On my first day working for a new employer, my manager was outlining what he expected from me in my new position. I was starting my career as a District Service Manager for a major copier manufacturer.
The mangers goal was for me to spend two days when visiting each dealer. I was okay with that until it was explained that my bonus was based on the cost of a dealer visit and the number of dealer visits. Now I am reasonably quick with math, and this was pretty simple; more dealer visits and less cost per dealer visit was how I maximized my bonus.
I told him he was paying me for one-day visits, and he said he wanted two-day visits. I suggested that he change the bonus structure, and he said no. For the entire time I worked for him, I did one-day visits and sometimes two in a single day. I did what he paid me to, not what he wanted.
I challenge you to think about your business. Do you pay people to do something different from what...
One issue in this industry is the lack of recognition of the accomplishments in the service department. When I worked for one manufacturer, they would occasionally invite the service group in for a joint meeting with the sales group. There would always be an awards dinner. During that dinner, every salesperson that met the minimum quota would be called to the stage and receive an award. During that time, I exceeded every goal set before me and received nothing. Events like this cause frustration and resentment.
This pattern permeates our industry. Salespeople win contests, go on trips, and get spiffs from the manufacturer. While not discouraging this process, I do believe that overlooking the service department creates resentment and is counterproductive. If we look at industry-standard models, service generates all of the profit in a dealership. Every sale to an existing customer is due to the quality of service they receive from your company.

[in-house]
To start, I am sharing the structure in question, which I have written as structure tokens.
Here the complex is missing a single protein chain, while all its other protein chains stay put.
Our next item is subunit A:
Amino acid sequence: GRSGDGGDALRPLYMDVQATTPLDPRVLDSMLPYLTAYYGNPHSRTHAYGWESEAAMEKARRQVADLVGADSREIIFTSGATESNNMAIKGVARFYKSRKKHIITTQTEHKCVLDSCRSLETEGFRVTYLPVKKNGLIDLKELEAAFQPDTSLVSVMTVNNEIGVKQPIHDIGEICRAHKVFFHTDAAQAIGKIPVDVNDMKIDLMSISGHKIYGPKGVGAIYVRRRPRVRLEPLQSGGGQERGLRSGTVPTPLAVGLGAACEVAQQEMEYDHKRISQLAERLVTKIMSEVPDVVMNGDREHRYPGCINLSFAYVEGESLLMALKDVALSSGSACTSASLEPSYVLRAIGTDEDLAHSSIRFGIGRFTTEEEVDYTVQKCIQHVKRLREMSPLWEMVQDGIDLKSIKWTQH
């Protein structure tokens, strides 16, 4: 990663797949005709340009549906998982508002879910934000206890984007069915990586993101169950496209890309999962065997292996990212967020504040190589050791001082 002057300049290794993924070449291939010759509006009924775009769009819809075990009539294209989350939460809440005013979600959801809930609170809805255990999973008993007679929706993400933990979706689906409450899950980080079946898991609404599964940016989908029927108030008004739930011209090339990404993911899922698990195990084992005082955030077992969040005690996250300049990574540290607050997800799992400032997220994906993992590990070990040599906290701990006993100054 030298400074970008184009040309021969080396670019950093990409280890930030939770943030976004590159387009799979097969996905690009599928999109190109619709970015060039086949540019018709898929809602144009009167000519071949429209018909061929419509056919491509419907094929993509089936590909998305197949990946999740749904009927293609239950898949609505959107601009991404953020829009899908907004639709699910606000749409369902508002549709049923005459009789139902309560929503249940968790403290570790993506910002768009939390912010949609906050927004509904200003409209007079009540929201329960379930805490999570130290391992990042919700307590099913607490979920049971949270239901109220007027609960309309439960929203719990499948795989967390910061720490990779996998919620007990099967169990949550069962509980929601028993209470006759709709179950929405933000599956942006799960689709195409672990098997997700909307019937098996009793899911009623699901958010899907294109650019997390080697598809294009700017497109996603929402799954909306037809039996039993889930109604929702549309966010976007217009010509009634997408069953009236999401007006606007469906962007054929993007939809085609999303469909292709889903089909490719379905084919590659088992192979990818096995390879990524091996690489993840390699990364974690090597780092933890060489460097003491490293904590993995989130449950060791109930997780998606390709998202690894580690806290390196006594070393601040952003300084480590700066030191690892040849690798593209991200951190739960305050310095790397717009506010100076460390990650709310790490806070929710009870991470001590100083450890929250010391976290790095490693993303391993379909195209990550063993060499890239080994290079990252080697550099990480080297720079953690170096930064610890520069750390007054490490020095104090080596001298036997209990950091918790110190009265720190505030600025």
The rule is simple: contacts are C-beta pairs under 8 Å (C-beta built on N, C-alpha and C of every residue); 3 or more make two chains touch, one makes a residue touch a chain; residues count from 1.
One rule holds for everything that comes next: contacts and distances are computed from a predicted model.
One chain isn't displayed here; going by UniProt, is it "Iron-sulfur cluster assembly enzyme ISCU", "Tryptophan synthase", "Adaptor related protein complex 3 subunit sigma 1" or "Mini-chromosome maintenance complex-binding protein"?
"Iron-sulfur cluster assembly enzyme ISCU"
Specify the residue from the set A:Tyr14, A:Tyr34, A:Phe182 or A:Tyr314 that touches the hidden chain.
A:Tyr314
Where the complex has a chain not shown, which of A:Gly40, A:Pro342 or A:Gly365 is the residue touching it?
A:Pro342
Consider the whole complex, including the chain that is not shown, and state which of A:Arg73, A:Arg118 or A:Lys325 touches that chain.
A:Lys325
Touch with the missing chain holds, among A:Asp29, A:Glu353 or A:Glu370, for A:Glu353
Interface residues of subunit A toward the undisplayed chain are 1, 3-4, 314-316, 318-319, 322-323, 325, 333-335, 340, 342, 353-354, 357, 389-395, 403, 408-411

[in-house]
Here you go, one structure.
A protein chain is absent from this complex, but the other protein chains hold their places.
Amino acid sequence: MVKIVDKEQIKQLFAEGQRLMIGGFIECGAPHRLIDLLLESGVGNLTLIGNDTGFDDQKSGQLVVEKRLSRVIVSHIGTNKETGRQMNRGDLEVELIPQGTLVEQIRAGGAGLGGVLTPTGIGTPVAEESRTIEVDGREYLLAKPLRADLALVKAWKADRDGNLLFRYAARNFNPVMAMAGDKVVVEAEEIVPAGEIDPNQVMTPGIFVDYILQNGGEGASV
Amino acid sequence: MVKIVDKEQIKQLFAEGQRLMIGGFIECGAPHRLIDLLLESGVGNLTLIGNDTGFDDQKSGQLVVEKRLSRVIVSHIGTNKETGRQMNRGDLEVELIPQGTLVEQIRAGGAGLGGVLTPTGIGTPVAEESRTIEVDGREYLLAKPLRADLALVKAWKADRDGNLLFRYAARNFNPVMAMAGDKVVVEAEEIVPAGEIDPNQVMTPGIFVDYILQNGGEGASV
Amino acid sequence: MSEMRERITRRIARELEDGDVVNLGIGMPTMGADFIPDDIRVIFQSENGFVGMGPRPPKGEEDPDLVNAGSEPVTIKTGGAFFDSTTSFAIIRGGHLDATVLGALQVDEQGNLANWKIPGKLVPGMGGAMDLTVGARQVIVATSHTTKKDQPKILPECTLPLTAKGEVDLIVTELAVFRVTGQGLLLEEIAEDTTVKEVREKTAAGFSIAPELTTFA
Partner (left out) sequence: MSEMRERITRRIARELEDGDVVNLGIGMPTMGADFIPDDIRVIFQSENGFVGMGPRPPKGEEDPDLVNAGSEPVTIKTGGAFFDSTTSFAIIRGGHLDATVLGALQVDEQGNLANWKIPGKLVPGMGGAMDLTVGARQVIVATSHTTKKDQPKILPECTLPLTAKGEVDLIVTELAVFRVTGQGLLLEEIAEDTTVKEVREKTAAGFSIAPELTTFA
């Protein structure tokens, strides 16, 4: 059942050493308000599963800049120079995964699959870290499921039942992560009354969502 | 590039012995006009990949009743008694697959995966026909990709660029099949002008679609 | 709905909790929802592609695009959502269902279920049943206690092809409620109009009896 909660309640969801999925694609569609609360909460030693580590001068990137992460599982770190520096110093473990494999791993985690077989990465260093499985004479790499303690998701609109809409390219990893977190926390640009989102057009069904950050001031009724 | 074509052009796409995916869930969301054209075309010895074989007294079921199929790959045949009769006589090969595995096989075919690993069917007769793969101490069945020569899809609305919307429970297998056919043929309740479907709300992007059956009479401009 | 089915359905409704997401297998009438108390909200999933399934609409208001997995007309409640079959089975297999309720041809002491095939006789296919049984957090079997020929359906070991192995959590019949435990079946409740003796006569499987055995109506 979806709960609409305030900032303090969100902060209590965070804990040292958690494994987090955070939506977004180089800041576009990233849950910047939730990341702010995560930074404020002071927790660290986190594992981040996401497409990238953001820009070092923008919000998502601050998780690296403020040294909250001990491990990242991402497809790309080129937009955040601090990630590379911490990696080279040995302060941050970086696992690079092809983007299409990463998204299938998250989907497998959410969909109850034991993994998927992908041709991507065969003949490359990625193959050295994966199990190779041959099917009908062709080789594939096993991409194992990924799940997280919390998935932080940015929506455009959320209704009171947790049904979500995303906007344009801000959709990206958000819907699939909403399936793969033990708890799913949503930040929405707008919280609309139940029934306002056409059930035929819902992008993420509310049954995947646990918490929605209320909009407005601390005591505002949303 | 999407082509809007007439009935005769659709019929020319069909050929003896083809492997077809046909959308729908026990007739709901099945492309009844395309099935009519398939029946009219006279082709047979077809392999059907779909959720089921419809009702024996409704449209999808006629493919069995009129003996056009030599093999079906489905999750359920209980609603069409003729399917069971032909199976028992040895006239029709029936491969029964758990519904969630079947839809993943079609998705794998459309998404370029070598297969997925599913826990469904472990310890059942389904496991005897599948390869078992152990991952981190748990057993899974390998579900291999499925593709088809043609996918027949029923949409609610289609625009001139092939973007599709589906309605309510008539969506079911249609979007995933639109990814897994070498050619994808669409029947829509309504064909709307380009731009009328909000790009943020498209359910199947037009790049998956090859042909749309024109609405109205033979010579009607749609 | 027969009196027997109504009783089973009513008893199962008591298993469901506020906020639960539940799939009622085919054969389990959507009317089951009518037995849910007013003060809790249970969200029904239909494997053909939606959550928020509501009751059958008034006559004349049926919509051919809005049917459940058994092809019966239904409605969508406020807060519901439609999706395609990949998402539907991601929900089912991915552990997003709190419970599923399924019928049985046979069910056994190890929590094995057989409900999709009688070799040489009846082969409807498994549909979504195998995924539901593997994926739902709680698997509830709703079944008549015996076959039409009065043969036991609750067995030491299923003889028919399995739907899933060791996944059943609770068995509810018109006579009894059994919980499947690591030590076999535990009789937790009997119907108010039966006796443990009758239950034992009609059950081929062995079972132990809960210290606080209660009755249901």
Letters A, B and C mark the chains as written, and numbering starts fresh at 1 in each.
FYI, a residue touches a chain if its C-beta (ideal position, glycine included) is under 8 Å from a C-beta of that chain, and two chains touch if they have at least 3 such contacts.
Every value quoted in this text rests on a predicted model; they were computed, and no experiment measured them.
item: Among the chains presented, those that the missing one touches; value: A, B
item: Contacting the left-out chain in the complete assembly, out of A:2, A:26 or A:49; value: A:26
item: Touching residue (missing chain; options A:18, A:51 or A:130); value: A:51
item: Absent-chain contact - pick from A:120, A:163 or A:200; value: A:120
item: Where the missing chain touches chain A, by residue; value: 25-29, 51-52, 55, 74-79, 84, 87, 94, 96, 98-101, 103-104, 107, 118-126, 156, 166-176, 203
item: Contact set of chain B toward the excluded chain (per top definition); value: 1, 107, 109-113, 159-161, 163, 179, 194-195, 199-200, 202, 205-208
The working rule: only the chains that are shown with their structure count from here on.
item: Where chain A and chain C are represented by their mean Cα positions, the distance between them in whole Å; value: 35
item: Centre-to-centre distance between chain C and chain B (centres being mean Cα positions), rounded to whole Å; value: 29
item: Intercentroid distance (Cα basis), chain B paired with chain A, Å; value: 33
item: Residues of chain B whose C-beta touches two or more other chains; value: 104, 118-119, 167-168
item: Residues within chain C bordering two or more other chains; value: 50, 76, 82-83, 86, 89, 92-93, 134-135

In addition to service, there...
When someone gets promoted to a supervisory or managerial role, they might think they automatically become a leader. Nothing could be further from the truth. They may have become the boss, but that doesn't make them a leader, and acting like a boss can damage team morale.
Leadership is a process of social influence, which maximizes the efforts of others towards the achievement of a goal. We will consider three separate points in that statement.
First, leadership is a process of social influence. Leadership does not relate to a title or position. A leader can be anyone that can influence others.
Second, a leader maximizes the efforts of others. Because they have influence, other individuals are willing to be led by them, and they listen to them.
Third, a leader is heading toward some goal. People won't follow someone who is wandering around and not going to a specific place or goal.
If we're meeting for the first time, my name is Ken Edmonds. And on this blog, I share information to help managers get better at managing people, growing their profit, and achieving success in every area in their department.
In my experience working in the copier business, something I saw happens way too often was an owner would walk up to his best technician and tell him, “Congratulations! You're our new manager!” Then they turn around and walk away. And that was the end of their training.
Here is one experience where that happened. A technician who was probably one of the better technicians I met in my career was very good at fixing equipment. So the company wanted him to step up and be a supervisor and promoted him to the position of supervisor, but they didn't give him any training.
It was interesting because I got to see him struggle and try to succeed in leading his team. But he failed at that. The result was he quit working for the dealer and went to work...